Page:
The Ethiopian Orthodox Tewahedo Church (from now on referred to as the EOTC) is one of the world’s most enormous, most ancient, and most ancient churches. It is one of the very few African churches established before colonial times. The church has many similarities to the Coptic church of Egypt, and to this day, it is mistakenly referred to as a Coptic church. The EOTC used to be a part of the Coptic Orthodox Church until it was granted its patriarch in 1959. The church has one of the fascinating religious traditions in the world. Those traditions are reflected in art, festivals, and various rituals like fasting and baptism.
Art and Music
Christian art in Ethiopia goes as far back as establishing the EOTC. All ancient churches and monasteries in Ethiopia have walls and ceilings decorated by magnificent paintings that are centuries old. Old bibles and other ancient manuscripts containing similar illustrations can also be found in these churches and monasteries.
These artworks are mainly used to tell stories – stories that can be found both in the bible and other religious texts. These paintings often depict biblical characters having Ethiopian features. A darker skin tone and an afro are present in many of the characters of these paintings. Several Pan-African historians who believe that Jesus was a black man usually refer to these ancient paintings to prove their point.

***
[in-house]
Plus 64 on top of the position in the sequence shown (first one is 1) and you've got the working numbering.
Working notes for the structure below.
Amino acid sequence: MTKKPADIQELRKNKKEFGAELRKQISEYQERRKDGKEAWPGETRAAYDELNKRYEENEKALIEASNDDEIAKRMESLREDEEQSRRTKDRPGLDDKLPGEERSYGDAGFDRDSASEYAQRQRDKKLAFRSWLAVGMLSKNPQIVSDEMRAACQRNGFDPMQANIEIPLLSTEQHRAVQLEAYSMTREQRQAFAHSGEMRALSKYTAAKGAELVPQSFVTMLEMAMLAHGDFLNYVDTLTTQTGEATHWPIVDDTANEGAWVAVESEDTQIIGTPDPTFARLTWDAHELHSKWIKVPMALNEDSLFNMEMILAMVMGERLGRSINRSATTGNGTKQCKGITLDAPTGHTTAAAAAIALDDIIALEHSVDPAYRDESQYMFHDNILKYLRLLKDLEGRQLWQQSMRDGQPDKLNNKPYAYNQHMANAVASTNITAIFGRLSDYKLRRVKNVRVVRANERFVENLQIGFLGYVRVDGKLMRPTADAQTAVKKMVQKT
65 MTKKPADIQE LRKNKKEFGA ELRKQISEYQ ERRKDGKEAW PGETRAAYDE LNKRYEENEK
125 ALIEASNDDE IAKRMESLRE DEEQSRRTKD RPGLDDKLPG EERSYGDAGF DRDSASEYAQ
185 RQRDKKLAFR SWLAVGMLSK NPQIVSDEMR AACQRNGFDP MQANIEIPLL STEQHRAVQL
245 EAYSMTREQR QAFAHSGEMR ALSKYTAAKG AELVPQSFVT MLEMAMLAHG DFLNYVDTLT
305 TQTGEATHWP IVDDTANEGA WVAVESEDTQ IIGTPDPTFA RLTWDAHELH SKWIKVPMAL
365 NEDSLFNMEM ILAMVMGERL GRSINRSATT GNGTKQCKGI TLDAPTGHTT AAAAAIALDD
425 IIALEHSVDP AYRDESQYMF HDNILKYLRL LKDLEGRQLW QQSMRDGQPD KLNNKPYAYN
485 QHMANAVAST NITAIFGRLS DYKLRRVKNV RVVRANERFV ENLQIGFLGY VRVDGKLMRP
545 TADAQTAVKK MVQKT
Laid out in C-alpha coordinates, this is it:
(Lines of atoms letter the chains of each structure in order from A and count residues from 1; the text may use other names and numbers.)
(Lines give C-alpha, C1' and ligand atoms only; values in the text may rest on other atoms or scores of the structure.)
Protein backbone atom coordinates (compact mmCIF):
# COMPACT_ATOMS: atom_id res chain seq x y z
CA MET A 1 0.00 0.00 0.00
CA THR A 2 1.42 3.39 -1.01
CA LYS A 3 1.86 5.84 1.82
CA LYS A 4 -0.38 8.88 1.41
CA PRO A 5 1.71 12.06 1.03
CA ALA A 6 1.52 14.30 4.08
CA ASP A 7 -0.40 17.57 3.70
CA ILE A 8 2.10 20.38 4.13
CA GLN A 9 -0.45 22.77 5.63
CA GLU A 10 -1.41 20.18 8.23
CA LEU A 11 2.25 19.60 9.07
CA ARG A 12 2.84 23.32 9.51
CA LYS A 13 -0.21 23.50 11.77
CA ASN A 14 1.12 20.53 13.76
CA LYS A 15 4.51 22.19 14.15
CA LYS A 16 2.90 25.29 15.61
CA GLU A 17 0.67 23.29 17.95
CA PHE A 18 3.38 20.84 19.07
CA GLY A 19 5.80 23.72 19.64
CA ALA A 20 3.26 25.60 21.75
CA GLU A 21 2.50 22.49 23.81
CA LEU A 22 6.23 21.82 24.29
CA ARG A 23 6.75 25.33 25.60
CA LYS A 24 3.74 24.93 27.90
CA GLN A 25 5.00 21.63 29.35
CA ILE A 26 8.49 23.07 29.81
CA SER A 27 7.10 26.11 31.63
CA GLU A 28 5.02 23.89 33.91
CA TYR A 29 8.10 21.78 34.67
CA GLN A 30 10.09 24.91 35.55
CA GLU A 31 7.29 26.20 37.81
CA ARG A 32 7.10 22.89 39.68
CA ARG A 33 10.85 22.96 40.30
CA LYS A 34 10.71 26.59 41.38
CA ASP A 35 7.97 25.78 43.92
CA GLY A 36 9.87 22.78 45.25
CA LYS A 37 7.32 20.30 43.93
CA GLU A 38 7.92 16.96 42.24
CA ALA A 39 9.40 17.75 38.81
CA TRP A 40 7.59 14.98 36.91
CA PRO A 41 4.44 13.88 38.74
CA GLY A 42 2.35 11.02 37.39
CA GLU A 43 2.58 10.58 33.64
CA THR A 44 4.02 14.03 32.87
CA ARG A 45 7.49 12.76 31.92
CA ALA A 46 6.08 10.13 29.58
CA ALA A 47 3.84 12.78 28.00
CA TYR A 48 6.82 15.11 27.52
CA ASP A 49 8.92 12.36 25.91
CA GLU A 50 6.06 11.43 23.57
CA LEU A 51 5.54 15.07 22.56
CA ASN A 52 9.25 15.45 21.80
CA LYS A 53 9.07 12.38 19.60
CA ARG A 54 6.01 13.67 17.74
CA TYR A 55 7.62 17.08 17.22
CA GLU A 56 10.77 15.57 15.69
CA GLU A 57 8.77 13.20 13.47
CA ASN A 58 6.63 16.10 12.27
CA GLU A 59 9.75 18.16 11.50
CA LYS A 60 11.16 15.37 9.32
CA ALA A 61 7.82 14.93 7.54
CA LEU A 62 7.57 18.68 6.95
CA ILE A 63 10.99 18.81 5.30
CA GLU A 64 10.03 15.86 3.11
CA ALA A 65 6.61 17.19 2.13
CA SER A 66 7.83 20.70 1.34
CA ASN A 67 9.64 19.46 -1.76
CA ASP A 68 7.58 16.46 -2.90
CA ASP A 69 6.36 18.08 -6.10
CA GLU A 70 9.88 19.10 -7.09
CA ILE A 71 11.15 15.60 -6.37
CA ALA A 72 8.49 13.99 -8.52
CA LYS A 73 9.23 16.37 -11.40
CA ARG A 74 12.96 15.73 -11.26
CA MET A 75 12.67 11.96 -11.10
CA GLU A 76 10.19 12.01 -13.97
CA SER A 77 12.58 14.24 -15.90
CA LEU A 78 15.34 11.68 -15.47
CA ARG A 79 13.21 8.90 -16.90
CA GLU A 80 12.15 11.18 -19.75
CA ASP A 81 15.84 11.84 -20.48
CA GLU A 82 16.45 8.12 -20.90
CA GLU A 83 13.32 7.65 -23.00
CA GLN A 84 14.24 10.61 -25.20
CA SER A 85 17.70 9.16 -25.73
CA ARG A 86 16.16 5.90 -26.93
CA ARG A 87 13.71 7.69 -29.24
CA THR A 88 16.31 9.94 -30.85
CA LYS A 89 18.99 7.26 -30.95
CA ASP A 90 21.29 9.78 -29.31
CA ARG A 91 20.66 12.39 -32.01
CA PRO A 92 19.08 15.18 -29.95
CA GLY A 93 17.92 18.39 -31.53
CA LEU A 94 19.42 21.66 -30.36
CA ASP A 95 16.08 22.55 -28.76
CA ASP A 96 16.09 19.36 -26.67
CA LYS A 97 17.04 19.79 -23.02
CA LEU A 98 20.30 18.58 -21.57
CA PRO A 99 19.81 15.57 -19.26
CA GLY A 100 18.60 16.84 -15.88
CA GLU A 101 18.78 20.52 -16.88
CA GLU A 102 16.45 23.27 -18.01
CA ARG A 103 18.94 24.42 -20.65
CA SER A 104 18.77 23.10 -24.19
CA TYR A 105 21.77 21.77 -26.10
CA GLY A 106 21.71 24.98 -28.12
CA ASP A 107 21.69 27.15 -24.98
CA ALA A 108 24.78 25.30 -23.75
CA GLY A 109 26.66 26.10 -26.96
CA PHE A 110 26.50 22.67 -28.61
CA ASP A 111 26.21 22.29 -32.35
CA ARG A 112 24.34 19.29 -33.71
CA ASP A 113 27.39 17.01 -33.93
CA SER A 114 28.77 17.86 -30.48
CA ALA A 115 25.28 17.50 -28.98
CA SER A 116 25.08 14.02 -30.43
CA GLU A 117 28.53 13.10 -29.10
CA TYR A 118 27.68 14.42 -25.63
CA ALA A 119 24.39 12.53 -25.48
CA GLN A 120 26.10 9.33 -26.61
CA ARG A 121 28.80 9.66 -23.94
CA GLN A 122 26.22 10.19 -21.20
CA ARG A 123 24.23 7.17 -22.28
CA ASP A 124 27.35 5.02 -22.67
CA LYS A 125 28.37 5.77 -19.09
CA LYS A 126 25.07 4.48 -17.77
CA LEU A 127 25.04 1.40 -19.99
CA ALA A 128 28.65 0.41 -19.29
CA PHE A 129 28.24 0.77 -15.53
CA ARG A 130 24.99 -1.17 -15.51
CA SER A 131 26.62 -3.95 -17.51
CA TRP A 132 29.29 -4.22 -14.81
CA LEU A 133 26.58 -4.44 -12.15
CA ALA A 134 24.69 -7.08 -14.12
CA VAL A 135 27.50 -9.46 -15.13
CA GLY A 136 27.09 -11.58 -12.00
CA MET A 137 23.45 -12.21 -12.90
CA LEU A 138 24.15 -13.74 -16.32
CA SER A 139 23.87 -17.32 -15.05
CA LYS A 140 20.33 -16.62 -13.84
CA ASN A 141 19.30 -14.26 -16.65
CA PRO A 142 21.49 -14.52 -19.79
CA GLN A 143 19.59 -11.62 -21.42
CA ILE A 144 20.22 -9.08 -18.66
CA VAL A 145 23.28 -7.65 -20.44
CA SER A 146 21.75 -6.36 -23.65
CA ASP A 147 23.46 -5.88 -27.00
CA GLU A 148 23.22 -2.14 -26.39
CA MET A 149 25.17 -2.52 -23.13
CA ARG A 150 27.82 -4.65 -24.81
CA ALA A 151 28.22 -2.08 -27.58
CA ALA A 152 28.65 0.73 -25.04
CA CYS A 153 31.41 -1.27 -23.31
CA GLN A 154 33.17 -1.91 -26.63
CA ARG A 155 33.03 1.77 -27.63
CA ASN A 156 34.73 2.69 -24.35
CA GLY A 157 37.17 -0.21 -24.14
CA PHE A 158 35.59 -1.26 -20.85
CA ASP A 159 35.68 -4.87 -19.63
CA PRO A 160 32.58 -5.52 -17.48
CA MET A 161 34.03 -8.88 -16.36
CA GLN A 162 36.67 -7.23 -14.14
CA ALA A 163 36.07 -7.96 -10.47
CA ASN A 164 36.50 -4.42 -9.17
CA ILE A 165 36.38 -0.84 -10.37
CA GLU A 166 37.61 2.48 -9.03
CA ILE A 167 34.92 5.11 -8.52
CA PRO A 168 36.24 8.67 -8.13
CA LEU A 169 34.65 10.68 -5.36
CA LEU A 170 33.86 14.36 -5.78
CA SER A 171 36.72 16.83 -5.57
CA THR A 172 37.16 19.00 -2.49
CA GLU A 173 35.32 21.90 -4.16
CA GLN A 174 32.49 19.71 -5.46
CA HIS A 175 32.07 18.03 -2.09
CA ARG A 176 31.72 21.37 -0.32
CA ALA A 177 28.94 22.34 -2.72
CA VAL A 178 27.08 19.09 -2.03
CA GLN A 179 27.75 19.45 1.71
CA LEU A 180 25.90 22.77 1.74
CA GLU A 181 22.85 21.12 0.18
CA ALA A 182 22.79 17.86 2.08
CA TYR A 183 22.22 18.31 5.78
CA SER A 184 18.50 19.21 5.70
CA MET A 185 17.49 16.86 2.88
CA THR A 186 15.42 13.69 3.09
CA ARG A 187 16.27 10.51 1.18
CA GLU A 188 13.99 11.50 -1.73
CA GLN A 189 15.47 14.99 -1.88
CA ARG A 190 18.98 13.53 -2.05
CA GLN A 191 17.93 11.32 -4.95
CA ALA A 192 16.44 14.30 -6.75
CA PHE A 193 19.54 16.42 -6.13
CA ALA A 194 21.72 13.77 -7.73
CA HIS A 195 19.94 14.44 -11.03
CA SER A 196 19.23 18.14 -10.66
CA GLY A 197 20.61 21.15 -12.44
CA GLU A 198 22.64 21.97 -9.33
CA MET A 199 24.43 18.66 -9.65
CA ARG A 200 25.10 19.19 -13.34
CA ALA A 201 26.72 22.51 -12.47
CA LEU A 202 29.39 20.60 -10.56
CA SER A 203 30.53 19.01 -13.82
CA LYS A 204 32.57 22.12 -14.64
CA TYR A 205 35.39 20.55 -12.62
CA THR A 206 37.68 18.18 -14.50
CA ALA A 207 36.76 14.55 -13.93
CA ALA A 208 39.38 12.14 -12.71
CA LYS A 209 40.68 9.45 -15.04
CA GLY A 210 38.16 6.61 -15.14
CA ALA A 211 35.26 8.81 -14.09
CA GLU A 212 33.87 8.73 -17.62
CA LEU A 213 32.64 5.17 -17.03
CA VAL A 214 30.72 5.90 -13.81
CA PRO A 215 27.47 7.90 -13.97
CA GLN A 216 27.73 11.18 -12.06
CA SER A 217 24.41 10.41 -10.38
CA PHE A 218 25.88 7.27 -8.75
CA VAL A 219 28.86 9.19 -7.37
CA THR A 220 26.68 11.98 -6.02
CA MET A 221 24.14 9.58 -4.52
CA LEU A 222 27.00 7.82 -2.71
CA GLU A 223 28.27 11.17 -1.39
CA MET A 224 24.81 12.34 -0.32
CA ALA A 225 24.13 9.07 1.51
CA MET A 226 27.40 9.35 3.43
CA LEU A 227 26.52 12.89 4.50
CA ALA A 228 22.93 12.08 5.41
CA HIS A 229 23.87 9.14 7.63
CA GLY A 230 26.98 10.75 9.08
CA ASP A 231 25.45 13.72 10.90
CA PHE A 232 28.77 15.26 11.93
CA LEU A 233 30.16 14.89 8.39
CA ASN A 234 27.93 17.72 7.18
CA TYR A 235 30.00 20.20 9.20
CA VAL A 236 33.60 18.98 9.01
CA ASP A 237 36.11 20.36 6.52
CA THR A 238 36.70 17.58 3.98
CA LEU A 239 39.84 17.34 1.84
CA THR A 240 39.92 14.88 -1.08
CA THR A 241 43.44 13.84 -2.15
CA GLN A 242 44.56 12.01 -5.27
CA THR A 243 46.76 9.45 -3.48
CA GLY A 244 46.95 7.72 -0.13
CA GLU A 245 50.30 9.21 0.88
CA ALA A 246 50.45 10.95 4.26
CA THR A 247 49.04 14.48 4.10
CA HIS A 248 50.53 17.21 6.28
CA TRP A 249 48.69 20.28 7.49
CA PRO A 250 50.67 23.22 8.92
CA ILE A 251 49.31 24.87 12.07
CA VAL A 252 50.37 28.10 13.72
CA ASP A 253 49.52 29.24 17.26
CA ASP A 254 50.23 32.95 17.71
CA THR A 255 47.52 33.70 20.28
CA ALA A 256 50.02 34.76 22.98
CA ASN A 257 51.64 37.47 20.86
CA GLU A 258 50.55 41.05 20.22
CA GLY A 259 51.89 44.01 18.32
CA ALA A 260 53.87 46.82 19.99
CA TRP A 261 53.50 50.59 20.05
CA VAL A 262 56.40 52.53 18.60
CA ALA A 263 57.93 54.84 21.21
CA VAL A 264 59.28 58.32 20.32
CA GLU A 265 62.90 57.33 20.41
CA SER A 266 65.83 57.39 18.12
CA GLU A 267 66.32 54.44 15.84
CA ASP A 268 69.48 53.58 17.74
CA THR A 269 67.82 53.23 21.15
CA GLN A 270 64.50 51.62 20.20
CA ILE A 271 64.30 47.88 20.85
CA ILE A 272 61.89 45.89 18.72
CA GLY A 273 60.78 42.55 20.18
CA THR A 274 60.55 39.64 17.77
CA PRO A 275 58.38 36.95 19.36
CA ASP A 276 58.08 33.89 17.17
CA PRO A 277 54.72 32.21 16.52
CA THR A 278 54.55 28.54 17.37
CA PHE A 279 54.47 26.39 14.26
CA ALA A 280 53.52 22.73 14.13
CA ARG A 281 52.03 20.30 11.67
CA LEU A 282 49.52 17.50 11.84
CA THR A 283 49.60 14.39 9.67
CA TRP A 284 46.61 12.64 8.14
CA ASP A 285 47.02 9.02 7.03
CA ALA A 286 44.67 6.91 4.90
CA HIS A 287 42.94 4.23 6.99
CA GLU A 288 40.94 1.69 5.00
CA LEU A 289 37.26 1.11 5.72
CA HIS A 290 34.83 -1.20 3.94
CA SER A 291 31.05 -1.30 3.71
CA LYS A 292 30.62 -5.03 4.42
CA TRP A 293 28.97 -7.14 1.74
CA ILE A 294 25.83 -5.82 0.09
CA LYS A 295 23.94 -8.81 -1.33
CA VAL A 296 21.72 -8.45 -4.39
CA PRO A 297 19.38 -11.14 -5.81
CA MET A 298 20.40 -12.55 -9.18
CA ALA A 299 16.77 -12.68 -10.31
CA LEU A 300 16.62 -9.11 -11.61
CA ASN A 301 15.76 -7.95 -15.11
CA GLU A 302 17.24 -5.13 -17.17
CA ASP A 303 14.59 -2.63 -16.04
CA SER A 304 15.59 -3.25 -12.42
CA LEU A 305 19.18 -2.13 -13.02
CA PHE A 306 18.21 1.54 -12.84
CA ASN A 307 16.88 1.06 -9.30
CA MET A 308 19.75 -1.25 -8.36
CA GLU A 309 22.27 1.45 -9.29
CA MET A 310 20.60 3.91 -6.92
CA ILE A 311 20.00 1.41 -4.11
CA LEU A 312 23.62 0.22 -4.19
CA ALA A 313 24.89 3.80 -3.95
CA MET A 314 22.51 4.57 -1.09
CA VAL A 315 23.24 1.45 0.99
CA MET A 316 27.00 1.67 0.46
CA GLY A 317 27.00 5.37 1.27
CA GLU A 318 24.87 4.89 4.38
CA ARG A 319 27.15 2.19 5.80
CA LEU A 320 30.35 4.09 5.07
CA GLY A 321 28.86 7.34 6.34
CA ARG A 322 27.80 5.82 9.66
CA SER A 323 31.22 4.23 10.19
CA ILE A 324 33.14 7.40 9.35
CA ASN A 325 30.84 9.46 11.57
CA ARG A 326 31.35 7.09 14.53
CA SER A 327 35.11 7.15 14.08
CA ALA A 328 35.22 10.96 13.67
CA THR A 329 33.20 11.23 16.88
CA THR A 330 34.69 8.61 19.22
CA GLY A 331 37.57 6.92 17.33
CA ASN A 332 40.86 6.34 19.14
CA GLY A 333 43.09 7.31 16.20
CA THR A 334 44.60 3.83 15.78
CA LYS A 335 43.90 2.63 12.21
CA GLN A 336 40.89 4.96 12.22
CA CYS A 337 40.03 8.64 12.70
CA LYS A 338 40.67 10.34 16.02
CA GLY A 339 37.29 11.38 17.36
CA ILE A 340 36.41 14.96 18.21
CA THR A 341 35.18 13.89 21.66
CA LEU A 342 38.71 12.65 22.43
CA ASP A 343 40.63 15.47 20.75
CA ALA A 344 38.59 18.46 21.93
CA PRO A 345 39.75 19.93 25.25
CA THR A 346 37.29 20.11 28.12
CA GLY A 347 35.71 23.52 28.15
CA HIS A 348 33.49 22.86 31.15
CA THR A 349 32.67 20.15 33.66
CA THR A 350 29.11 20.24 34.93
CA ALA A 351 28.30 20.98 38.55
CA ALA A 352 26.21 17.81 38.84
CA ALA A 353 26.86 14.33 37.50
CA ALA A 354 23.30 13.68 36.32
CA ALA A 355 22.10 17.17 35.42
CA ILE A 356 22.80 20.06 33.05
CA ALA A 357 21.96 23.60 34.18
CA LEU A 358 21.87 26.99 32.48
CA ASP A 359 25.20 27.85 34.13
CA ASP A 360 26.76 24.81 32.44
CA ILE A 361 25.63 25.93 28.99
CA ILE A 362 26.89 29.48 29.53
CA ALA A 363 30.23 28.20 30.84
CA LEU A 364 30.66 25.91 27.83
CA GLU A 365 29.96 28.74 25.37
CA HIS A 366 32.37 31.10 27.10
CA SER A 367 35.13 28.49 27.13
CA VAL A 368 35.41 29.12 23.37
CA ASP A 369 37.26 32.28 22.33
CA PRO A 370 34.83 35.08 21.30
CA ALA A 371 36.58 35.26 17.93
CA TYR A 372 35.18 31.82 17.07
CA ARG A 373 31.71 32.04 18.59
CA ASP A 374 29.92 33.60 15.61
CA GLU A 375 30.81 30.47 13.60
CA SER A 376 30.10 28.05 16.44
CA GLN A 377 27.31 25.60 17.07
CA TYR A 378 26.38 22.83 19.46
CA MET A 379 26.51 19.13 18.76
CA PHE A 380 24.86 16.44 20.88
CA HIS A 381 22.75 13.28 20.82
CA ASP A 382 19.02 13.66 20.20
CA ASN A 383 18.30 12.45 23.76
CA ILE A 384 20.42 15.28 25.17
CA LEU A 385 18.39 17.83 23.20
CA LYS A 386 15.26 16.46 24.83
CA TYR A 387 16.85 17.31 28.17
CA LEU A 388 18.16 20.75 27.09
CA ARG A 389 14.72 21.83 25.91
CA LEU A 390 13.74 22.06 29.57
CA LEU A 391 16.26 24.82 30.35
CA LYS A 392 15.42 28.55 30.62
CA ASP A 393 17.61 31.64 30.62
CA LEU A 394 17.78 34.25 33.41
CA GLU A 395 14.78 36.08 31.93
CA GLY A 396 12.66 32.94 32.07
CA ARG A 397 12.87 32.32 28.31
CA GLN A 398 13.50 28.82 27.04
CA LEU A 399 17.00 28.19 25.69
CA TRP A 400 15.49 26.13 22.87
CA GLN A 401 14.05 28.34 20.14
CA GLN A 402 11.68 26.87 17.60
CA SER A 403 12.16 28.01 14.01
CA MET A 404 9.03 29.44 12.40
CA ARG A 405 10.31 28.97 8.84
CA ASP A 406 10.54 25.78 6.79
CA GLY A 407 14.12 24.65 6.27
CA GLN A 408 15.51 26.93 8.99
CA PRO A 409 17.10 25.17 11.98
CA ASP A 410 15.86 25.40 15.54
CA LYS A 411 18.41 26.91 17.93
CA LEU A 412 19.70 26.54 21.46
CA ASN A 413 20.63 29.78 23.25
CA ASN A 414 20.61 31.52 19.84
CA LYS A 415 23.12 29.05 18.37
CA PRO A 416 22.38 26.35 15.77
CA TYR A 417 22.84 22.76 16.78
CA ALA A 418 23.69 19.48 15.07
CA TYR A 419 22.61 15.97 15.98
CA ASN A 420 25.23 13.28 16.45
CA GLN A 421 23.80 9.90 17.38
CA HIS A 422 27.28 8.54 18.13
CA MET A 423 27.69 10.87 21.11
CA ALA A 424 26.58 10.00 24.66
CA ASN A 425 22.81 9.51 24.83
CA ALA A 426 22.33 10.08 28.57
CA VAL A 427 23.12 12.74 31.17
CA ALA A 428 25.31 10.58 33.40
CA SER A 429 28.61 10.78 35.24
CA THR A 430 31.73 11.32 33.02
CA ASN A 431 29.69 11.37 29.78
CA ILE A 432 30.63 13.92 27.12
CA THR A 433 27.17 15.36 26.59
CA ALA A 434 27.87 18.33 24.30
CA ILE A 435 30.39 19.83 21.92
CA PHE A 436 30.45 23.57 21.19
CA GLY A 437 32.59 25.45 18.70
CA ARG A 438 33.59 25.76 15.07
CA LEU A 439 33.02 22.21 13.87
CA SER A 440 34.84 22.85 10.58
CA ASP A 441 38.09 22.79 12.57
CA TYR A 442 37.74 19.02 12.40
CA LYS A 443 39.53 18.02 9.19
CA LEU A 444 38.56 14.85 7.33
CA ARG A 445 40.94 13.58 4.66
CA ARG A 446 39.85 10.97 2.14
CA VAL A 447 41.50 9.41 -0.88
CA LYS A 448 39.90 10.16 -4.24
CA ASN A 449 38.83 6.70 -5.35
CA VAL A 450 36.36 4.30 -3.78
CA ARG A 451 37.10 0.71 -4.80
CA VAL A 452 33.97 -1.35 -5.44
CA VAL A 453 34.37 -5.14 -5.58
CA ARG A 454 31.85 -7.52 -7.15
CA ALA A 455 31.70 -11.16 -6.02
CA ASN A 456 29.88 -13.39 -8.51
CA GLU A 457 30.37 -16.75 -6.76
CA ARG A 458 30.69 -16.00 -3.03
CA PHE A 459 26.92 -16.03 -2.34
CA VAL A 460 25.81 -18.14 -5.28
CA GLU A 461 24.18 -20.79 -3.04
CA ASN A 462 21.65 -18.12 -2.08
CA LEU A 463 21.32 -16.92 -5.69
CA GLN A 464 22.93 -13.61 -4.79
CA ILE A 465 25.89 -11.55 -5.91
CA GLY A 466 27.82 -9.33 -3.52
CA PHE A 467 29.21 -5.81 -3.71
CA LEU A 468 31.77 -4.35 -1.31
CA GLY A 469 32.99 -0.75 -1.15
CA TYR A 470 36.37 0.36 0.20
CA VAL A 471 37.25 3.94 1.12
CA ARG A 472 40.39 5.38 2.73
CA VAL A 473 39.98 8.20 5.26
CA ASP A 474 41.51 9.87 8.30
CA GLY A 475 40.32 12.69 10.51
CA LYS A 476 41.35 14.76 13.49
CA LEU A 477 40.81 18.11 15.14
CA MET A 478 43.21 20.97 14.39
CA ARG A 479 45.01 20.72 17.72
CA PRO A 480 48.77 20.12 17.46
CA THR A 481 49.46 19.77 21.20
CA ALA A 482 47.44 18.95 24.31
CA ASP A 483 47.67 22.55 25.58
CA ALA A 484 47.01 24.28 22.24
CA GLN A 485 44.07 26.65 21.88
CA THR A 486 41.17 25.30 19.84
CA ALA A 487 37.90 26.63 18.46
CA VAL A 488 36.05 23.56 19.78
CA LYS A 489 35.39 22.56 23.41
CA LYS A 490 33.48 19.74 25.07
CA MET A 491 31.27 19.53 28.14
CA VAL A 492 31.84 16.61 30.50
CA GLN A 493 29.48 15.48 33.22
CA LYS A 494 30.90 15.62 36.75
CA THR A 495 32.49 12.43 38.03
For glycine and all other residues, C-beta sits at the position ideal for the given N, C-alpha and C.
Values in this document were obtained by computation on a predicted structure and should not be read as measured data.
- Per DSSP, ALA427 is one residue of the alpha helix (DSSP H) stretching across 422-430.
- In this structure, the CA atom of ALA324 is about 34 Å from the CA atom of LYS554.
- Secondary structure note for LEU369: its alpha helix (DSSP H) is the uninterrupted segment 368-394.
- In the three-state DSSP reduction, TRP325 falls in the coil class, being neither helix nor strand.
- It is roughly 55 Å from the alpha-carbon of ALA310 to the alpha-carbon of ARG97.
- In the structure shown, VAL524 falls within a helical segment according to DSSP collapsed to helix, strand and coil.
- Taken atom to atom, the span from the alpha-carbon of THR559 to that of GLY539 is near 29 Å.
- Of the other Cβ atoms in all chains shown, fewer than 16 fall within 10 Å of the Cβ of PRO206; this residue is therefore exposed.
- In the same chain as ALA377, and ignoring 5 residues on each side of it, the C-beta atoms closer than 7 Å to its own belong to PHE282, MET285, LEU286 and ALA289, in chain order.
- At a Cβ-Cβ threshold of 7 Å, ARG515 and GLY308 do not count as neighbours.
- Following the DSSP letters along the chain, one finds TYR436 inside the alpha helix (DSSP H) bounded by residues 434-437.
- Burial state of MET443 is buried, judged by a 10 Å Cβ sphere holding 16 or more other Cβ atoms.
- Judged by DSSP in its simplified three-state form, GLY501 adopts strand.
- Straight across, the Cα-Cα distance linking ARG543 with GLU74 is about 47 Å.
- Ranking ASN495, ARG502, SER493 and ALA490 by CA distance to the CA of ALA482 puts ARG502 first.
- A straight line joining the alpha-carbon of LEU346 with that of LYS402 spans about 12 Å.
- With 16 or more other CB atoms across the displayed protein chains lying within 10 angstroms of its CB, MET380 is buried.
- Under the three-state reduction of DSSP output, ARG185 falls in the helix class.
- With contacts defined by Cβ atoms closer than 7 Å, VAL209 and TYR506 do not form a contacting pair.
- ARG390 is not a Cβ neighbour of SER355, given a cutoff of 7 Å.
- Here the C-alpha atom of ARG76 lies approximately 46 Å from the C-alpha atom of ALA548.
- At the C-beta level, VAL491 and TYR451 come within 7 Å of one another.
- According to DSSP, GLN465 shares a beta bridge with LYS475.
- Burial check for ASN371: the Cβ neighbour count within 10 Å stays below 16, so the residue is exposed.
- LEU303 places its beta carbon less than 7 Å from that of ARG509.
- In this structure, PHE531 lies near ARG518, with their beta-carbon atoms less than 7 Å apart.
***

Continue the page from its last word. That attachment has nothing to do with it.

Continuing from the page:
The EOTC music tradition has highly influenced the musical sound of Ethiopia. Prayers in the EOTC are often accompanied by melodic singings led by priests and deacons and engage the congregation. Saint Yared, an Ethiopian Saint and composer who lived in Axum in the 6th century, is accredited for the melodic prayers we hear today, Kidasse. The legend says that he received a revelation in which God sent him three musical tones in the form of birds: the Ge’ez, Izil, and Araray.